Which Joe gave his name to ‘sloppy joes’? We look at five interesting sandwiches and their lexical origins.
1Any of the world's main continuous expanses of land (Europe, Asia, Africa, North and South America, Australia, Antarctica).
- ‘The plan is to sail around several continents before eventually returning to Europe.’
- ‘The experience of war fought across two oceans and three continents turned it into a military hegemon of the first order.’
- ‘So, after Everest, she resolved to climb the highest mountains on each of the seven continents.’
- ‘Australia was the last of the inhabited continents to be reached by Europeans.’
- ‘With present telecommunication links it is indeed possible to work across the continents.’
- ‘Instead, tectonics has encircled the north pole with most of the great continents.’
- ‘As far as the other continents were concerned British capital was centred on the Empire.’
- ‘To be competitive in the 1990s, airlines must offer services across several continents.’
- ‘Thousands died on the seas while they were being shipped like caged cattle between continents.’
- ‘It even creates news products for maritime and land mobile markets across six continents and four ocean regions.’
- ‘In fact, we know that tornadoes have occurred on all continents except Antarctica.’
- ‘The history of the Armenian state and people spans over three thousand years and six continents.’
- ‘The Middle East and tropical Africa were the last continents that Europeans colonized.’
- ‘This steep sided sea flows like a meeting place between the two continents of Africa and Asia.’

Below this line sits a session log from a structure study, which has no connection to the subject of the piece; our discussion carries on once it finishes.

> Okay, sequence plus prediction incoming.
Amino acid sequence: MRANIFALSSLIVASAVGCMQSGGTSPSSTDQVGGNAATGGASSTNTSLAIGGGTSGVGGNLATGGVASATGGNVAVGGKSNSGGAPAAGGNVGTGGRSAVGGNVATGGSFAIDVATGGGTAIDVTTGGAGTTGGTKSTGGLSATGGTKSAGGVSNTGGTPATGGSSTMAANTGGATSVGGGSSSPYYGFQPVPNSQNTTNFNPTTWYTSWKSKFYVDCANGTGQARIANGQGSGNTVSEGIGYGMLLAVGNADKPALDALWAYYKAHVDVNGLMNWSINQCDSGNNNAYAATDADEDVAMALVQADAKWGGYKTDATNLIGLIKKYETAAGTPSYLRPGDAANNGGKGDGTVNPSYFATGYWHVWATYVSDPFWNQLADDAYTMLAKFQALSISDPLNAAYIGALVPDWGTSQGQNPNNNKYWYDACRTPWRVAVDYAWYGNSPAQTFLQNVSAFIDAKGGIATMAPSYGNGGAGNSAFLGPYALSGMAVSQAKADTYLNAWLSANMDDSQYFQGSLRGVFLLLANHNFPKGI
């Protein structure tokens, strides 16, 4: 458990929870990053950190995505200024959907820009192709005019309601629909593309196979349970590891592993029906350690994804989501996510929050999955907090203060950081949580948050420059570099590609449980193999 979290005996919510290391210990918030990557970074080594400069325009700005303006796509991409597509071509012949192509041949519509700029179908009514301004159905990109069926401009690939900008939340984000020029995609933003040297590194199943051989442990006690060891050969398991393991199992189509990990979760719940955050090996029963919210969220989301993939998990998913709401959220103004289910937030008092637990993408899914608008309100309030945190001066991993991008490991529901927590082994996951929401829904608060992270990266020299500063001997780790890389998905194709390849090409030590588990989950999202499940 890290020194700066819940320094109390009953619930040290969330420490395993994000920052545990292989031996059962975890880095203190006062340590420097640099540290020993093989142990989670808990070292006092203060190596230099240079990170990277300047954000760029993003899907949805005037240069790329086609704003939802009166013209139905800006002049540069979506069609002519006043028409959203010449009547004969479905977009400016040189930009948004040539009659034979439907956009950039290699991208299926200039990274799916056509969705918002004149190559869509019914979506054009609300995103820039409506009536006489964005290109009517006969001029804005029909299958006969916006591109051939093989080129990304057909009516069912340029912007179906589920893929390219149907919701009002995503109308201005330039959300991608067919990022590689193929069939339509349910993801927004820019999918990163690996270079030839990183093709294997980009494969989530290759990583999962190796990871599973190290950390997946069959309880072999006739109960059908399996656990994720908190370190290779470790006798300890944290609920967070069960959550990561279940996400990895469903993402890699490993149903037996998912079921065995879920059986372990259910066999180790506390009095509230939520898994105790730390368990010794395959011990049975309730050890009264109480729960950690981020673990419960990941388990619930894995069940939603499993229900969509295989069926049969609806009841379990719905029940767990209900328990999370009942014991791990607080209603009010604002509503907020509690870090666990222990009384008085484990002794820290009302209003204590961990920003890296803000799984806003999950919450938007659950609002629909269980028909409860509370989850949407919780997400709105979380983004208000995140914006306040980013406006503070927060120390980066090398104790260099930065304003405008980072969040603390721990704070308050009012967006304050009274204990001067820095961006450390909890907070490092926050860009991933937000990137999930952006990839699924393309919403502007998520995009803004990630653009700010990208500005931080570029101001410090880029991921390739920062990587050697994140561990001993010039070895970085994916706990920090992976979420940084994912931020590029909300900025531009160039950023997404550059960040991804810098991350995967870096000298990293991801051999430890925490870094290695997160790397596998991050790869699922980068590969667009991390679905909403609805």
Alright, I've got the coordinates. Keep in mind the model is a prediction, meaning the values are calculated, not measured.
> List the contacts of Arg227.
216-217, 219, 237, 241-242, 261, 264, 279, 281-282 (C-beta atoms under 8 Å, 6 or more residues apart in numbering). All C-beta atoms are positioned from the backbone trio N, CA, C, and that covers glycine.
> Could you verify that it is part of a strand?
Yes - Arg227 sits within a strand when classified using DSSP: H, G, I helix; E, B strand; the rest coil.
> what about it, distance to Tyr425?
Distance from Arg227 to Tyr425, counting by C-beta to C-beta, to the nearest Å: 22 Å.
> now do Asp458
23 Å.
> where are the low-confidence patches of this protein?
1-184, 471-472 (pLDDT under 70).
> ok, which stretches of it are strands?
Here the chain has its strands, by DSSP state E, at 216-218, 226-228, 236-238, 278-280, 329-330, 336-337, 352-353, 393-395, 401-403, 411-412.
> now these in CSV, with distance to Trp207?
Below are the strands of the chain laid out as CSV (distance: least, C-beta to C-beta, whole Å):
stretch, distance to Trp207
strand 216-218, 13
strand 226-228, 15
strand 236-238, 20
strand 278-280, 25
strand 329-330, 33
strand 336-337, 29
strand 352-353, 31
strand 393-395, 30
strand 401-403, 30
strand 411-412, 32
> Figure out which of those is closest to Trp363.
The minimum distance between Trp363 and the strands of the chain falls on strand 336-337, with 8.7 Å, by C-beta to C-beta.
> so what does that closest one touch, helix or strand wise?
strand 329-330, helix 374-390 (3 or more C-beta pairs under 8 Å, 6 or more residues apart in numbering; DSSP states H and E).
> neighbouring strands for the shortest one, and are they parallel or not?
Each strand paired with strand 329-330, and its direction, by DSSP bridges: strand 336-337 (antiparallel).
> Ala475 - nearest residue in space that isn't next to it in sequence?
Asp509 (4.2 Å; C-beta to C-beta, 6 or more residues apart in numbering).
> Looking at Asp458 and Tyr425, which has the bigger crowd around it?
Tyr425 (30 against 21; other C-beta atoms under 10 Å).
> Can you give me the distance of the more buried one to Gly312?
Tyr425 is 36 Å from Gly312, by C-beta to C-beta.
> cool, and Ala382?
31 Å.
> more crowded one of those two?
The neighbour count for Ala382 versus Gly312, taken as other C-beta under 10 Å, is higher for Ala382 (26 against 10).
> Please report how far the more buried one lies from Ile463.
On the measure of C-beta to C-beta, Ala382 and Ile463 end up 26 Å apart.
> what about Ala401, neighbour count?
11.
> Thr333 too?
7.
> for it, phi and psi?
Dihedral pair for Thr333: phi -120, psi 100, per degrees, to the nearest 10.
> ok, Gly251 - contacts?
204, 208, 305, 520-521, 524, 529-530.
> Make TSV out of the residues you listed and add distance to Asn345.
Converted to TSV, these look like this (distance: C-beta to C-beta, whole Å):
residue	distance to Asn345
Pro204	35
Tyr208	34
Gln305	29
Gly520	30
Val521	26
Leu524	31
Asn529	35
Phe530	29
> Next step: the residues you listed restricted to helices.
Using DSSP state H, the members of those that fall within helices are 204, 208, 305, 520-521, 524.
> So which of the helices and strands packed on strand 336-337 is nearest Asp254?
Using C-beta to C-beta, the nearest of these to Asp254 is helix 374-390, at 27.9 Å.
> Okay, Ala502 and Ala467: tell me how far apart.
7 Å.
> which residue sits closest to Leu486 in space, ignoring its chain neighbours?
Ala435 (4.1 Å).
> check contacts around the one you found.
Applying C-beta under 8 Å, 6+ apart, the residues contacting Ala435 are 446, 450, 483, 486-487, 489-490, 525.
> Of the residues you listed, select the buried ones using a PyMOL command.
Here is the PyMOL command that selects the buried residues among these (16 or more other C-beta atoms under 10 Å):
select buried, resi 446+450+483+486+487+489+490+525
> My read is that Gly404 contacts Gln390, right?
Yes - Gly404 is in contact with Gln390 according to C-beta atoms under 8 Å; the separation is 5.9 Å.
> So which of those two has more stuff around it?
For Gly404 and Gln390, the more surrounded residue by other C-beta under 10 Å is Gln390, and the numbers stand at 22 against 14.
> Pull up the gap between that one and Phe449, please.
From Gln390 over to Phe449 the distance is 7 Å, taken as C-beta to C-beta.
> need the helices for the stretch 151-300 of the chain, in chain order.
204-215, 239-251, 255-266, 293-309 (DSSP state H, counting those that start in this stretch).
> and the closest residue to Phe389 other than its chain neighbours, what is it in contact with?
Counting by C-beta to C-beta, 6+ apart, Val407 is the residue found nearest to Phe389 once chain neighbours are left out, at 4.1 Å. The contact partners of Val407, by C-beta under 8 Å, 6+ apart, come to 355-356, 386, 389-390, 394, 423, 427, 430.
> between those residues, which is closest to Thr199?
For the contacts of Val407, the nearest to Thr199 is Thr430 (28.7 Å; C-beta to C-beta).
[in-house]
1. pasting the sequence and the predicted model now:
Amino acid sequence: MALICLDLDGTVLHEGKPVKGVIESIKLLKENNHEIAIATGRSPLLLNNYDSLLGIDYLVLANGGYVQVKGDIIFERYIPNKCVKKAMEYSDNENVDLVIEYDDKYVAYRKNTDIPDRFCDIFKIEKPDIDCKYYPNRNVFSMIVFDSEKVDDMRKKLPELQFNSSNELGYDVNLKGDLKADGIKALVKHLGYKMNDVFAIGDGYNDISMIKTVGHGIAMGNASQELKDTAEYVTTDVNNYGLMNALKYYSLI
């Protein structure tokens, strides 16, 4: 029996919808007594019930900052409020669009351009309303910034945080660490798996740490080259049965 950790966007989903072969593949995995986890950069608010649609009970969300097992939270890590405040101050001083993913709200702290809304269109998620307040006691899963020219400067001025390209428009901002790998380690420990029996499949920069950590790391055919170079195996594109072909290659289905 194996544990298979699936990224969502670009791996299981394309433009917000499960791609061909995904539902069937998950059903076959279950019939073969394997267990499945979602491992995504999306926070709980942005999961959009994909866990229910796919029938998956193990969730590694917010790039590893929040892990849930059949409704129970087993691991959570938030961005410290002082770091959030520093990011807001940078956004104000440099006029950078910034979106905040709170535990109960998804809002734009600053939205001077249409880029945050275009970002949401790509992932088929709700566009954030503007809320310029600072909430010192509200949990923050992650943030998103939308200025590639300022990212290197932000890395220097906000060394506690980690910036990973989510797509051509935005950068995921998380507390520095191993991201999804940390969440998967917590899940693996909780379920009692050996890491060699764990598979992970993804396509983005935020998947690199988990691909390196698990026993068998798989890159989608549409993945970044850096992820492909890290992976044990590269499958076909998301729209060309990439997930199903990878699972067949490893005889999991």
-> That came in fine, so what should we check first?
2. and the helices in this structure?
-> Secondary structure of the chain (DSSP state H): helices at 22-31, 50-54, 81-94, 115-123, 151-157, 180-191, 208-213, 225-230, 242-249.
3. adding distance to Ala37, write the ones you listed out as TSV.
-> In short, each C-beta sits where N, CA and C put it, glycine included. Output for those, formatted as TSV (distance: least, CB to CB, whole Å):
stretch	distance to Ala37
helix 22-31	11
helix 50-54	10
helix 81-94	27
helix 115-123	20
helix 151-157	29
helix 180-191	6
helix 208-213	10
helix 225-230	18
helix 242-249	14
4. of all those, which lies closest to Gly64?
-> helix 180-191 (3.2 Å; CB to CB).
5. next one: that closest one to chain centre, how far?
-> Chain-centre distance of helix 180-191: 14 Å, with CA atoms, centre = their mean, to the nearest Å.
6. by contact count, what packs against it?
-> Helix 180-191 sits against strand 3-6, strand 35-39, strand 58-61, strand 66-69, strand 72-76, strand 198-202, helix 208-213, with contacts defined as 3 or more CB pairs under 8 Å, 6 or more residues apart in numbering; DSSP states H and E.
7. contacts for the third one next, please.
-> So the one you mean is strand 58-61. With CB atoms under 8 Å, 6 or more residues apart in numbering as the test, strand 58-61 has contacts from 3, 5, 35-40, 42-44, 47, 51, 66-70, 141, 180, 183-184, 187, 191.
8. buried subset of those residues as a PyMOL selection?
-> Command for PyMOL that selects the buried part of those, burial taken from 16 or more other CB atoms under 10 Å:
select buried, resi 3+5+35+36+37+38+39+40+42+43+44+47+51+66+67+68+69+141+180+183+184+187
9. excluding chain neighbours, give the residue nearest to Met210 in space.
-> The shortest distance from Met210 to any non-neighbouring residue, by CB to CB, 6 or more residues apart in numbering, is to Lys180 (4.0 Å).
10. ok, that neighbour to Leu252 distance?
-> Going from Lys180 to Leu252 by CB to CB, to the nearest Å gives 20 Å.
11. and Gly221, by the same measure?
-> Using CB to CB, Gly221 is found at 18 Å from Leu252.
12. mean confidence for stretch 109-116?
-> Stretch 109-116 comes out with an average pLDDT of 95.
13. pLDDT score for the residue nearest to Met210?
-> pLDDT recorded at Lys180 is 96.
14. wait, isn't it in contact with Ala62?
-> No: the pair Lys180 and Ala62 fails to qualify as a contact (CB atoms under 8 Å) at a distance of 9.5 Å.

- ‘This is due to the fact that all the continents had merged into a single landmass.’
- ‘The one mass of land began to break up, and the separating continents took with them living cargoes of animals.’
- ‘A child from an extended family may be living across different continents with different cultures and laws.’
- ‘You're all my very extended family spanning all continents and all time zones around the world.’
- ‘The flowers also tend to be very small, compared to the size of the flowers found in other landmasses and continents.’
- ‘By the end of my second year there, I'd travelled to most continents, and my air miles account was truly bulging.’
- 1.1The mainland of Europe as distinct from the British Isles.‘clubs sprang up in Britain and on the Continent’
- 1.2archaic A mainland contrasted with islands.
- ‘Although it was a disaster it brought out some great characteristics of mateship and sacrifice for this little island continent of ours.’
- ‘Their goal was to take over every island and continent and submit them to dictatorship.’
- ‘Soon Sasha found herself riding in Hardy's carrier under the strange stars of the island continent.’
- ‘They saw only the tiny volcanic islands but no massive continent as he had claimed.’
- ‘The island continent, Atlantis, began to tremble once more with extreme fury.’
Mid 16th century (denoting a continuous tract of land): from Latin terra continens continuous land.
1Able to control movements of the bowels and bladder.
- ‘This provides a mechanism to influence the two muscle groups to work in concert for continent urine storage and release.’
- ‘The patients in the study were losing the ability to dress themselves, bathe, use the toilet, clean themselves, and remain continent.’
- ‘We compared the risk of urinary incontinence in the daughters of incontinent women with that in the daughters of continent women.’
2Exercising self-restraint, especially sexually.
- ‘They were sexually continent all their lives.’
- ‘They believed that the church should be made up of women and men who were sexually continent and who also abstained from wine and meat.’
Late Middle English (in continent): from Latin continent- holding together, restraining oneself, from continere (see contain).
Are you looking for a word for a foolish person? We explore twelve interesting words to describe the dunderheads in your life.
Before you run for the hills, let’s run through a list of ‘run’ expressions that are running through our minds.
The definitions of ‘buddy’ and ‘bro’ in the OED have recently been revised. We explore their history and increase in popularity.